I'm missing a step to understand the factorization of the FIR filter transfer function: $$H(z)=\sum\limits _{k=0}^{M}b_{k}z^{-k} \tag{1}$$

From DSP First:

The $z$-transform of a finite-length signal, such as $H(z)$ for an FIR filter, is a function of the complex variable $z$, and it is also an $M^{th}$-degree polynomial in the variable $z^{−1}$. Therefore, $H(z)$ has exactly $M$ roots according to the fundamental theorem of algebra. When $H(z)$ is expressed in terms of its roots, it can be written as the product of first-order factors that completely define the polynomial to within a multiplicative constant, that is, $$H(z)=G\prod_{k=1}^{M}(1-z_{k}z^{-1})=G\prod_{k=1}^{M}\frac {(z-z_{k})}{z}\tag{2}$$

The point I don't understand is the $z^{-1}$ factor. I expected to see only factors corresponding to roots:

$$H(z)=G\prod_{k=1}^{M}(z-z_{k}) \tag{3}$$

I know the book is correct (perhaps a function with negative exponents is not exactly a regular polynomial though), but I need a little help to make sense of how the sentence "When $H(z)$ is expressed in terms of its roots, it can be written..." can lead to equation (2) instead of (3).

Update with a partial understanding:

1/ I found intriguing the author used the word polynomial to describe the sum, and mentioned the use of the roots to factorize it. I think I got a clue... The author actually transforms the Laurent's series (negative exponents) into a polynomial (positive exponents) without explicitly saying it. My guess:

$$H(z)=\sum\limits _{k=0}^{M}b_{k}z^{-k}=\sum\limits _{k=0}^{M}b_{k}z^{M-k}z^{-M} \tag{4}$$

2/ This polynomial has roots, and they can be used for factorization:

$$H(z)=\sum\limits _{k=0}^{M}b_{k}z^{M-k}z^{-M}=G\prod_{k=1}^{M}(z-z_{k})z^{-M} \tag{5}$$

However at this stage I'm lost since the additional factor is not the one in the book: $z^{-M} \ne z^{-1}$


2 Answers 2


The z transform of a unit sample delay is $z^{-1}$. The z transform of a delay one sample in the future is $z^1=z$ which is non-causal. For example, a simple two element FIR filter with unity gain coefficients, which is the sum of the current sample with the previous sample is given as $H(z) = 1+z^{-1}$.

FIR filter

If we divide the numerator and denominator both by $z$, we get:

$$H(z) = 1+z^{-1} = \frac{z+1}{z}$$

We see here how all causal Nth order FIR filters must have $N$ poles (the roots of the denominator) at the origin (where $z=0$), since a causal filter can only be constructed with delays ($z^{-1}$), not "aheads" ($z^1$).

We see how, to the OP’s question, the solution cannot be written as the product of first order factors in the form of $(z-z_k)$ with positive exponents of $z$ alone, as that would be non-causal as described above and must instead include an additional $z$ in the denominator for each factor to be causal (which means multiply by $z^{-1}$). Thus, the solution can be written as the product of first order factors in the form of $1-z_k z^{-1}$.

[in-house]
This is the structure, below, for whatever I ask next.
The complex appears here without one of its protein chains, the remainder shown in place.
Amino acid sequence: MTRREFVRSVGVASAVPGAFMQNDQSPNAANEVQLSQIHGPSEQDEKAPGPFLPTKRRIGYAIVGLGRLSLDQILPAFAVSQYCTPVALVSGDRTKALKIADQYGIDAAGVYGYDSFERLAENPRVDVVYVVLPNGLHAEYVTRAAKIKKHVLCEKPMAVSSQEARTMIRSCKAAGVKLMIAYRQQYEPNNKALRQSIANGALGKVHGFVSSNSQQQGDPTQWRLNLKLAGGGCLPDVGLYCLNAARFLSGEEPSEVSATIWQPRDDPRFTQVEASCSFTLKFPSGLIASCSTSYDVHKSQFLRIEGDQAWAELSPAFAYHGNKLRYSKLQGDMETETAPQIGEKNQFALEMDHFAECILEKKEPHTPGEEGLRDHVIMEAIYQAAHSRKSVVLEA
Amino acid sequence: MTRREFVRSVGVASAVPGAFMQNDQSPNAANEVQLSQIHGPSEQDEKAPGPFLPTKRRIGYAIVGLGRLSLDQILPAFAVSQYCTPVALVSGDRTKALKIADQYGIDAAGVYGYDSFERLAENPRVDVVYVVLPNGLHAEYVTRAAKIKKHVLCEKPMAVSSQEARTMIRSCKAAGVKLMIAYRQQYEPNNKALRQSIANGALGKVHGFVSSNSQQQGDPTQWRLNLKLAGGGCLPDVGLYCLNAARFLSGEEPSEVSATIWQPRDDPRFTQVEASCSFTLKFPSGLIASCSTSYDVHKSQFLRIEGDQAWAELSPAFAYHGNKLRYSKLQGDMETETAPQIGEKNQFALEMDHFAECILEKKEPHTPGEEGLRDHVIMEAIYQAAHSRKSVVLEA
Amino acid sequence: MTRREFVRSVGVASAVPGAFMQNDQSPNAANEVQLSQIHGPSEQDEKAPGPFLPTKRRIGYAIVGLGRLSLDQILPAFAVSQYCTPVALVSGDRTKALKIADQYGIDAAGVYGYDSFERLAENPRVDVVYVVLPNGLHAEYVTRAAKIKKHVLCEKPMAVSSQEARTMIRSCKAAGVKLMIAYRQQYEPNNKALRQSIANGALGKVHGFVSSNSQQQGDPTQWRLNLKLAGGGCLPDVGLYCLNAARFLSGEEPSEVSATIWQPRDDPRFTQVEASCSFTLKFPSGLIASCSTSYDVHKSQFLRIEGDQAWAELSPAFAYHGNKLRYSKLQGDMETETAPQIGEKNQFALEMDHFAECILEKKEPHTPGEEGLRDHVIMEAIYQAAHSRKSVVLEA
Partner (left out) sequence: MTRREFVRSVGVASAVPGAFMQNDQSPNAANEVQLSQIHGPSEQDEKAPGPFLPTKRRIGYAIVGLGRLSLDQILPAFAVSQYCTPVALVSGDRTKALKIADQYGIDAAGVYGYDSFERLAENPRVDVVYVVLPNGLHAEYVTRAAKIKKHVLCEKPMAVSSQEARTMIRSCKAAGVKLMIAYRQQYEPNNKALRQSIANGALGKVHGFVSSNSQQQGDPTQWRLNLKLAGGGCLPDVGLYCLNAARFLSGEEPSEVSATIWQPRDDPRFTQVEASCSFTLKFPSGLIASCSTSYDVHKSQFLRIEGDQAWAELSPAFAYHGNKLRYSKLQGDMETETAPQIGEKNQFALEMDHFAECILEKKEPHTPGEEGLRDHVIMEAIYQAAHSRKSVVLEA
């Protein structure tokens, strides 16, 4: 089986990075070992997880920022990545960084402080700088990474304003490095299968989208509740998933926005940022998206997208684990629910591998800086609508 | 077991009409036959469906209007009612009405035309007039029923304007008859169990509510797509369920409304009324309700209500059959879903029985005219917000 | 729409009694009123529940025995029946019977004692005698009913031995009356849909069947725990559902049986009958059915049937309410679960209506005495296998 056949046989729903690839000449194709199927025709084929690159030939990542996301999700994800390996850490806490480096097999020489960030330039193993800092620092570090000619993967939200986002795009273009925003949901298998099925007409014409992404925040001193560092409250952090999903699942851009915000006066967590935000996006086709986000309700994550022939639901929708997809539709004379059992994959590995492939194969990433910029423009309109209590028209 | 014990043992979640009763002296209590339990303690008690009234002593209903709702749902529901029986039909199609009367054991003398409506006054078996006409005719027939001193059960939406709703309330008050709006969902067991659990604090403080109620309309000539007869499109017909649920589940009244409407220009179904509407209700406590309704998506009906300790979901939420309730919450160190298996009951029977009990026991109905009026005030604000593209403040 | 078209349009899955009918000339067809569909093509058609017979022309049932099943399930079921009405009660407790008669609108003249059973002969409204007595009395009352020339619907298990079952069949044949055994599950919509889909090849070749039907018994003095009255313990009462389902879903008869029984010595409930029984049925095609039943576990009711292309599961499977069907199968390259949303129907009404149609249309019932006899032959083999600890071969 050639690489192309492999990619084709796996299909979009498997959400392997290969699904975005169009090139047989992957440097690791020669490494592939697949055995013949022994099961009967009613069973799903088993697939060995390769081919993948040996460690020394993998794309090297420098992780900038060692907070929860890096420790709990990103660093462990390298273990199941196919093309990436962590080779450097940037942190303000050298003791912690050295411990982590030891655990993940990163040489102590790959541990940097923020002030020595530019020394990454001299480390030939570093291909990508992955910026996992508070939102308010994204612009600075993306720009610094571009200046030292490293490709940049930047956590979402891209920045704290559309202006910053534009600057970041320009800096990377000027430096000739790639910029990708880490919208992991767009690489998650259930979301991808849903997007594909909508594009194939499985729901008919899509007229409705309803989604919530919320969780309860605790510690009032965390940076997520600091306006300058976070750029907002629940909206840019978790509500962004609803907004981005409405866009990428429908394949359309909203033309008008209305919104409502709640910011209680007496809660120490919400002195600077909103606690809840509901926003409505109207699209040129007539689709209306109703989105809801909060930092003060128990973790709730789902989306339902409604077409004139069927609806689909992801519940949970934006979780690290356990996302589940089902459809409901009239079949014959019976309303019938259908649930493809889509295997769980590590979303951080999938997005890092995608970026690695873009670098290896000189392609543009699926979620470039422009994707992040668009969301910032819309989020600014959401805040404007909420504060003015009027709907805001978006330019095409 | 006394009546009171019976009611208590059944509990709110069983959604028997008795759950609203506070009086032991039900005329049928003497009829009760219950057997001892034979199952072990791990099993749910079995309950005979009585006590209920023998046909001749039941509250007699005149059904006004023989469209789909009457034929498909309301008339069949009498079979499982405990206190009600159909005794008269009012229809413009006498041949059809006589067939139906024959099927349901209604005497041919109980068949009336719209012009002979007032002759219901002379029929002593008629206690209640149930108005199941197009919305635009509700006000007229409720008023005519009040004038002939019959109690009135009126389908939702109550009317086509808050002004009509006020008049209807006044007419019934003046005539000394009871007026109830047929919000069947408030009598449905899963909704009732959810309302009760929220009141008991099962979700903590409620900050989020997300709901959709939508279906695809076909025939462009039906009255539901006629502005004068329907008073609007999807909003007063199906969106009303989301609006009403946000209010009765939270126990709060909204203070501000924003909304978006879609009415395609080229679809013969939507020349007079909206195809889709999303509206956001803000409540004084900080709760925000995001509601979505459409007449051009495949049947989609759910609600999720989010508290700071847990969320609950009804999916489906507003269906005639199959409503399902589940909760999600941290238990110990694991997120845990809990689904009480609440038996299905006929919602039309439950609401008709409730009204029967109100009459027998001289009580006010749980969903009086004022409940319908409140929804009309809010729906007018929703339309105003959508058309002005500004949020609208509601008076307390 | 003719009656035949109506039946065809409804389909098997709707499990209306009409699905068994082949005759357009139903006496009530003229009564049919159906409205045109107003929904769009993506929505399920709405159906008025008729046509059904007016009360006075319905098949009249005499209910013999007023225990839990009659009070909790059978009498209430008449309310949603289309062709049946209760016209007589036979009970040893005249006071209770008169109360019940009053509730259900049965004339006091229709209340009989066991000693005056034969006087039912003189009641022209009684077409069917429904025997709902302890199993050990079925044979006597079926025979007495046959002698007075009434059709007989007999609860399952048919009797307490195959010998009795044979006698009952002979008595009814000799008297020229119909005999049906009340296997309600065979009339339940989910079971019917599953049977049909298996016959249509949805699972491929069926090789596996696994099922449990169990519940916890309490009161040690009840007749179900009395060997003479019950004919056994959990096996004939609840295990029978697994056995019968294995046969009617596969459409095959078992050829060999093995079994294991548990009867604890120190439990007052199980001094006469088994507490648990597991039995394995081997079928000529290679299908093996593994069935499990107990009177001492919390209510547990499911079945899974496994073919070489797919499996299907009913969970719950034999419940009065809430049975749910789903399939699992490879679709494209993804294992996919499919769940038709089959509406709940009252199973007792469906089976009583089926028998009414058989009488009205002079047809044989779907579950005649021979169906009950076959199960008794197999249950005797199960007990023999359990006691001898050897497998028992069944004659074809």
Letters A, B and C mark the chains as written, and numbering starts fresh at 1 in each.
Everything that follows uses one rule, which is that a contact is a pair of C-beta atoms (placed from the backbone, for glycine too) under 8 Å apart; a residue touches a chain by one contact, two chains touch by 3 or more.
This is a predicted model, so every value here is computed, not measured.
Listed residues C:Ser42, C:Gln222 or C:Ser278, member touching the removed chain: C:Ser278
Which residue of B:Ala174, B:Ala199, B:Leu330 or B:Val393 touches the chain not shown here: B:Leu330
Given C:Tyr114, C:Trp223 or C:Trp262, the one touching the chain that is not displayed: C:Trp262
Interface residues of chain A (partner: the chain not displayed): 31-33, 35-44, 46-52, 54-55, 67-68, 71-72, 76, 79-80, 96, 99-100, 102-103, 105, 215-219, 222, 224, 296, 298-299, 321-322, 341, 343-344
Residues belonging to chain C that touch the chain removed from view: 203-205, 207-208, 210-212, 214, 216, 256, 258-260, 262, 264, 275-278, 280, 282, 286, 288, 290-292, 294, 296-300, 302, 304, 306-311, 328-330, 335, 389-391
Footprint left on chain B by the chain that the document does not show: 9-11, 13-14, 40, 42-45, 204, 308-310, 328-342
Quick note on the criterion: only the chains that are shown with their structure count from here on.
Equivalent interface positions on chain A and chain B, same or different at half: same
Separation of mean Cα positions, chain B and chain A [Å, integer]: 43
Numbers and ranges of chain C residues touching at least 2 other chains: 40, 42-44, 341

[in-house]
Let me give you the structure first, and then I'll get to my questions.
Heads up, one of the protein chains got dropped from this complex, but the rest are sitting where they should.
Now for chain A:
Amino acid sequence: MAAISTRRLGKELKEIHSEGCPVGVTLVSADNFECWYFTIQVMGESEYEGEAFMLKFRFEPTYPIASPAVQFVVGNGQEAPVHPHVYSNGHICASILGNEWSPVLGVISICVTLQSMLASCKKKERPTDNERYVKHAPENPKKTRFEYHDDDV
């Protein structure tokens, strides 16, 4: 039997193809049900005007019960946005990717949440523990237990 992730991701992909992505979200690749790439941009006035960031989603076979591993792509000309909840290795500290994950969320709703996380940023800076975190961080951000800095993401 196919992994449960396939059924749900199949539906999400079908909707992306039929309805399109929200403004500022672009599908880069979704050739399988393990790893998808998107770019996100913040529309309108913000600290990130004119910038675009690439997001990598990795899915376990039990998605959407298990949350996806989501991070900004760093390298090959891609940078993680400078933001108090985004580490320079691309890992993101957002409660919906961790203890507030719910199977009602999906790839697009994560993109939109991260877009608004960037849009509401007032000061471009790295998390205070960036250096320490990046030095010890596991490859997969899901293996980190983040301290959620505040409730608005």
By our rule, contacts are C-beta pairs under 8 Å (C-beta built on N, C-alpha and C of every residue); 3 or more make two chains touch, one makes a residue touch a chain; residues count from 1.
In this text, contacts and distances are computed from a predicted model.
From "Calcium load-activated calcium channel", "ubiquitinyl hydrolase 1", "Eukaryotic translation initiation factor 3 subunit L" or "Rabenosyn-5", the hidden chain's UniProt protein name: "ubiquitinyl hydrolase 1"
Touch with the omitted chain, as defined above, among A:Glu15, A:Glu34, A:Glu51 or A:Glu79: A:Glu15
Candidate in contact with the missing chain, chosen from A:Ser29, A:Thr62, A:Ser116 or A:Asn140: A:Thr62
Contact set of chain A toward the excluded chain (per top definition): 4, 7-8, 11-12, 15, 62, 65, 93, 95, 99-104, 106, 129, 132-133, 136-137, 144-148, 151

Regarding the OP’s update, equation 5 is incorrect; this would have a $z^{-1}$ term and not $z^{-M}$ as shown in the final equation given; $z^{-1}$ is multiplied $M$ times which will provide the $z^{-M}$ term given in the OP’s summation form:

$$H(z)=\sum\limits _{k=0}^{M}b_{k}z^{M-k}z^{-M}=G\prod_{k=1}^{M}(z-z_{k})z^{-1}=Gz^{-M}\prod_{k=1}^{M}(z-z_{k})$$

  • $\begingroup$ @mins I see. I updated my answer to hopefully get to the root (ha!) or your confusion. Please let me know what isn’t clear. $\endgroup$ Commented Mar 27, 2023 at 12:53
  • 1
    $\begingroup$ @mins could you update your question to show those mathematical steps specifically to the point of what you don’t think works? An example would help $\endgroup$ Commented Mar 27, 2023 at 13:45
  • $\begingroup$ @mins ok thanks, do we agree on your mistake? $\endgroup$ Commented Mar 27, 2023 at 14:24
  • $\begingroup$ Yes. So bottom line, the author is correct as expected, but not very explicit for DSP learners, the target of his book. $\endgroup$
    – mins
    Commented Mar 27, 2023 at 14:28

The most basic description of an FIR filter is it's difference equation:

$$y[n] = \sum_{k=0}^{N}h[k]\cdot x[n-k] \tag{10}$$

Taking the z-transform gives you directly your equation (1) since the z-transform of time domain delay of m samples is simply $z^{-m}$.

That's why you end up with a polynomial in $z^{-1}$. The rest is just algebra. In order to turn this into a polynomial in z you need to multiply both numerator and denominator with $z^{N}$.

What that all means at the end is that an FIR filter does not only have N zeros, it has also N poles at $z=0$.


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